I'm professor of computer  science at the University of  Siena. My research interests are in the field of artificial intelligence, with emphasis on machine learning and game playing. In the last few years, I've been mainly involved in learning in relational domains in the continuum setting. I’m interested in applying the conceived models to problems from pattern recognition and mining the web. I also very much like discussions on novel models of computation and their relationships with human brain.


Have a look at the website (under restructuring) of the Siena AI-Lab

Teachers in the art of life make little distinction between job and free time  - Zen thoughts


... Indeed the book is by no means an object; neither is it an act, nor even a thought. Written by a dead man about dead things, it no longer has any place on this earth; it speaks of nothing which interests us directly. Left to itself, it falls back and collapses; there remain only ink sposts on musty paper - Jean-Paul Sartre


Science is like sex: sometimes something useful come out, but that is not the reason we are doing it -  Richard Feynman


A look at the Web years ago ...

In the eyeblink that has elapsed since the turn of the millennium, the lives of those of us who work with information have been utterly transformed. Pretty much all we need to know is on the web; if not today, then tomorrow. It’s where we learn and play, shop and do business, keep up with old friends and meet new ones … if you want to know more have a look at

The  man-machine crossword challenge

Originally, it was just an assignment in my corse of artificial intelligence. The assignment was supposed to focus on the problem of allocating a set of words onto a given  crossword scheme … then it became something more … solve crosswords from clues exactly like humans do using pensil and rubber on the train or near the fireplace. With Marco Ernandes and Giovanni Angelini, we launched the man-machine crossword challenge, that resembles somehow the celebrated chess man-machine competition. Have a look at the WebCrow project and what people reported about this crazy challenge …





Web Dragons:

Inside the Myths of Search Engine Technology

Morgan Kauffman 2007

 written with Ian Witten & Teresa Numerico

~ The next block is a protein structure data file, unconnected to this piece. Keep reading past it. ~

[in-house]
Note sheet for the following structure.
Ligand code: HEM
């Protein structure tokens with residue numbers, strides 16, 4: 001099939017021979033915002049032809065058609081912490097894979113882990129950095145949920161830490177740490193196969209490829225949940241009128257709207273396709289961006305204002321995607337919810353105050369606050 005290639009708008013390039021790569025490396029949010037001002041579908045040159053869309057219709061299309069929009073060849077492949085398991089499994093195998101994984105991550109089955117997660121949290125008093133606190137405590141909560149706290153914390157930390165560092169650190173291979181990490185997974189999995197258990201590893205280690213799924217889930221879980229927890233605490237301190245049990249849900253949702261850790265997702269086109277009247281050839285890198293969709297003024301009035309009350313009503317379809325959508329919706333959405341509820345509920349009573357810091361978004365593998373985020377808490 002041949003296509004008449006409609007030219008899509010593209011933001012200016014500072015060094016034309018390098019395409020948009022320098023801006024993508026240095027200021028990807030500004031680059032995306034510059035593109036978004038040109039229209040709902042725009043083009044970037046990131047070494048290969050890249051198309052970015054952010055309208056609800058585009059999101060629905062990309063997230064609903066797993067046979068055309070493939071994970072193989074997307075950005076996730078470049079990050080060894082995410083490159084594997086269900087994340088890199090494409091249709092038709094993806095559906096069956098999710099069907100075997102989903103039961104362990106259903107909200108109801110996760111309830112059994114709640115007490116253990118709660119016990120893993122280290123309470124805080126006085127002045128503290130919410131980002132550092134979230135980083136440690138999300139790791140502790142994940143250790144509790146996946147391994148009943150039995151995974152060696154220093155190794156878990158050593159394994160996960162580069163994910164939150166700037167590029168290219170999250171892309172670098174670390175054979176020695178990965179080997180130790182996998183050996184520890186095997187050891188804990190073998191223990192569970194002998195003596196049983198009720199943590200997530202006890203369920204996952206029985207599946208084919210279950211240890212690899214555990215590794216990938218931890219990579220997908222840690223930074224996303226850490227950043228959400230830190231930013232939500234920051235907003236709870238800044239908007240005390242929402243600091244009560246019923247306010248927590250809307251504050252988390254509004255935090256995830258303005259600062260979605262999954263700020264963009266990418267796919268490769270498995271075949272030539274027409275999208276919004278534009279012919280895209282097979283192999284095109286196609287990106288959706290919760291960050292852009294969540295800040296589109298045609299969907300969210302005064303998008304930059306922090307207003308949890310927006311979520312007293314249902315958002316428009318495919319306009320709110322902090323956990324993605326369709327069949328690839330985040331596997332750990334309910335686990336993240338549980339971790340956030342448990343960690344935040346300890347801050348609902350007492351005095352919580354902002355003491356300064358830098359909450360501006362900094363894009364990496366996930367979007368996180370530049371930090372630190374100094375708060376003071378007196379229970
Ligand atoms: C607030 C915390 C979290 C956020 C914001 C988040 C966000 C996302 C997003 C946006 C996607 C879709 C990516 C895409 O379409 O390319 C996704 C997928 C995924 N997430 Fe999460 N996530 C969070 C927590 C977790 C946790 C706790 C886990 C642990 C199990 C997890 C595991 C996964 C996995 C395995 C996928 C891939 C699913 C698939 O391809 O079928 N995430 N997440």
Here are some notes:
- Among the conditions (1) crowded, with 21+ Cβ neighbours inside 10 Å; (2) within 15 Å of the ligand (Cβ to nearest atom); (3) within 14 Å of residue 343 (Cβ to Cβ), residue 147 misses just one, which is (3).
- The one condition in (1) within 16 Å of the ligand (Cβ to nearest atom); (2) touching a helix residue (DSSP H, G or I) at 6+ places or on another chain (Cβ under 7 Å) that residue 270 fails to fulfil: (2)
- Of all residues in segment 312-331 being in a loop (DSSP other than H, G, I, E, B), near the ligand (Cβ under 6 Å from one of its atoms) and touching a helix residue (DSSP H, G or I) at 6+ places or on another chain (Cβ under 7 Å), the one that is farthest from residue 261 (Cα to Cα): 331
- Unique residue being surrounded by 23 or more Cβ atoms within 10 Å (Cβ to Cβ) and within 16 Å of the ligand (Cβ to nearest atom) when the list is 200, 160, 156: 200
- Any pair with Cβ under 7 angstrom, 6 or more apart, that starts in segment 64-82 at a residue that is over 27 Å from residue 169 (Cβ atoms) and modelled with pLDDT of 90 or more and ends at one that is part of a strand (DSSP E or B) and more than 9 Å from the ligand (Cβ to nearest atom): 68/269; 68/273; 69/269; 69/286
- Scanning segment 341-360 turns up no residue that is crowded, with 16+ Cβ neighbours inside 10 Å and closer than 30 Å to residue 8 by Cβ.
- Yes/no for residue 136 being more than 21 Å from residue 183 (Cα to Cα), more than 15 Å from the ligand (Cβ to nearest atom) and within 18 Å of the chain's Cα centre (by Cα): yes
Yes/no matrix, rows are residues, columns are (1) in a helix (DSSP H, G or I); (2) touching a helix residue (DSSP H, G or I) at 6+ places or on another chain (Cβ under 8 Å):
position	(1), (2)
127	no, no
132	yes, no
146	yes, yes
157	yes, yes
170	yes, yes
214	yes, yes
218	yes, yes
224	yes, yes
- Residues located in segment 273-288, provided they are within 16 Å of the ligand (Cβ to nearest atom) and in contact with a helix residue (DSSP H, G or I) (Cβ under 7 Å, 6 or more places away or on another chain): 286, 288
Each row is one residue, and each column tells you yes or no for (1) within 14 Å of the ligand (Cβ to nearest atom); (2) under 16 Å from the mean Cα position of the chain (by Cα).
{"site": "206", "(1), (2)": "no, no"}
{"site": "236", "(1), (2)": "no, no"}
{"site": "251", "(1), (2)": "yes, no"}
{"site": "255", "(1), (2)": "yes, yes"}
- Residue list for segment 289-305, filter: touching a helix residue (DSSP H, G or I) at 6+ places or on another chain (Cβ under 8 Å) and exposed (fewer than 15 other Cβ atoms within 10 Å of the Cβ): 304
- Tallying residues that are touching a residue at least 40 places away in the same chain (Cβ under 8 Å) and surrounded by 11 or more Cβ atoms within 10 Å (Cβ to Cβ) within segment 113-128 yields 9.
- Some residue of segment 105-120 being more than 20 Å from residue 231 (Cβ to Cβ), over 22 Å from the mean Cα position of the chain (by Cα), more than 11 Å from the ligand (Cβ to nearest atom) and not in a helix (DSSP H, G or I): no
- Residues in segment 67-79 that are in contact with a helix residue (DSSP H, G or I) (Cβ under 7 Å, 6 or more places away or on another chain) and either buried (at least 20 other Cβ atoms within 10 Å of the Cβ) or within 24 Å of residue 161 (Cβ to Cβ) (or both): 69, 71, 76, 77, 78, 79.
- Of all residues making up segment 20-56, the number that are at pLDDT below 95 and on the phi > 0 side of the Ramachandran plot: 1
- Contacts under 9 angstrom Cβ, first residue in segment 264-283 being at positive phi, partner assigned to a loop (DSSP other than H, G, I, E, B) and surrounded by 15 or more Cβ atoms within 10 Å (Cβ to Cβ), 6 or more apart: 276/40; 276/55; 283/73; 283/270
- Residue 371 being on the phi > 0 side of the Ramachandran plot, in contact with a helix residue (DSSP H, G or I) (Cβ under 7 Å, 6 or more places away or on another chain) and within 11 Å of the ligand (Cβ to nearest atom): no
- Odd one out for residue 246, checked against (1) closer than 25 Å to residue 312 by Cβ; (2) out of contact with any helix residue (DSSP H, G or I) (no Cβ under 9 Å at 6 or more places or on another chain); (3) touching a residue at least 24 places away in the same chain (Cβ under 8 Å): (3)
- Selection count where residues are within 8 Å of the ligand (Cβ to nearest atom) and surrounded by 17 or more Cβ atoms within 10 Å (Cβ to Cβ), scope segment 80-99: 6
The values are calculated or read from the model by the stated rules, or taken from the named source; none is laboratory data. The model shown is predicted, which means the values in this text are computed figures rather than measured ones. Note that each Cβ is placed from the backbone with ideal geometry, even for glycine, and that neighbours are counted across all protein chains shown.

Crossword software thrashes human challengers 17:45 31 August 2006,

NewScientist.com news service, Tom Simonite - A crossword-solving computer program yesterday triumphed in a competition against humans. Two versions of the program, called WebCrow, finished first and second in a competition that gave bilingual entrants 90 minutes to work on five different crosswords in Italian and English …

Program cracks crosswords. By Federica Castellani. news@ nature.com (October 4, 2004). "It's a boon for puzzle addicts and a small leap forward for artificial intelligence: a computer program that can solve crosswords in any language. The program, called Web Crow, reads crossword clues, surfs the web for the answers and fits them into the puzzle


Have a look at Quest—it, spin-off of the University of Siena in the field of Question&Answering, that was created as a follow up of our research on automatic crossword solving and generation


Support Constraint Machines

The field of machine learning is in the midst of a “relational revolution.”  After many decades of focusing on i.i.d. examples, some researchers are now studying problems in which the concept of example is replace with that of constraint.  Within this framework, we are working on a new paradigm in machine learning  that I called support constraint machines



office hours (students): Tuesday 17:30 – 19:30 

Dip.  di Ingegneria dell'Informazione
Università di SienaVia Roma, 56
53100 Siena - ITALY

MyFirstName at dii.unisi.it

+39 (577) 23.36.10

+39 (577) 23.36.02

WWW Address

Anonymous ftp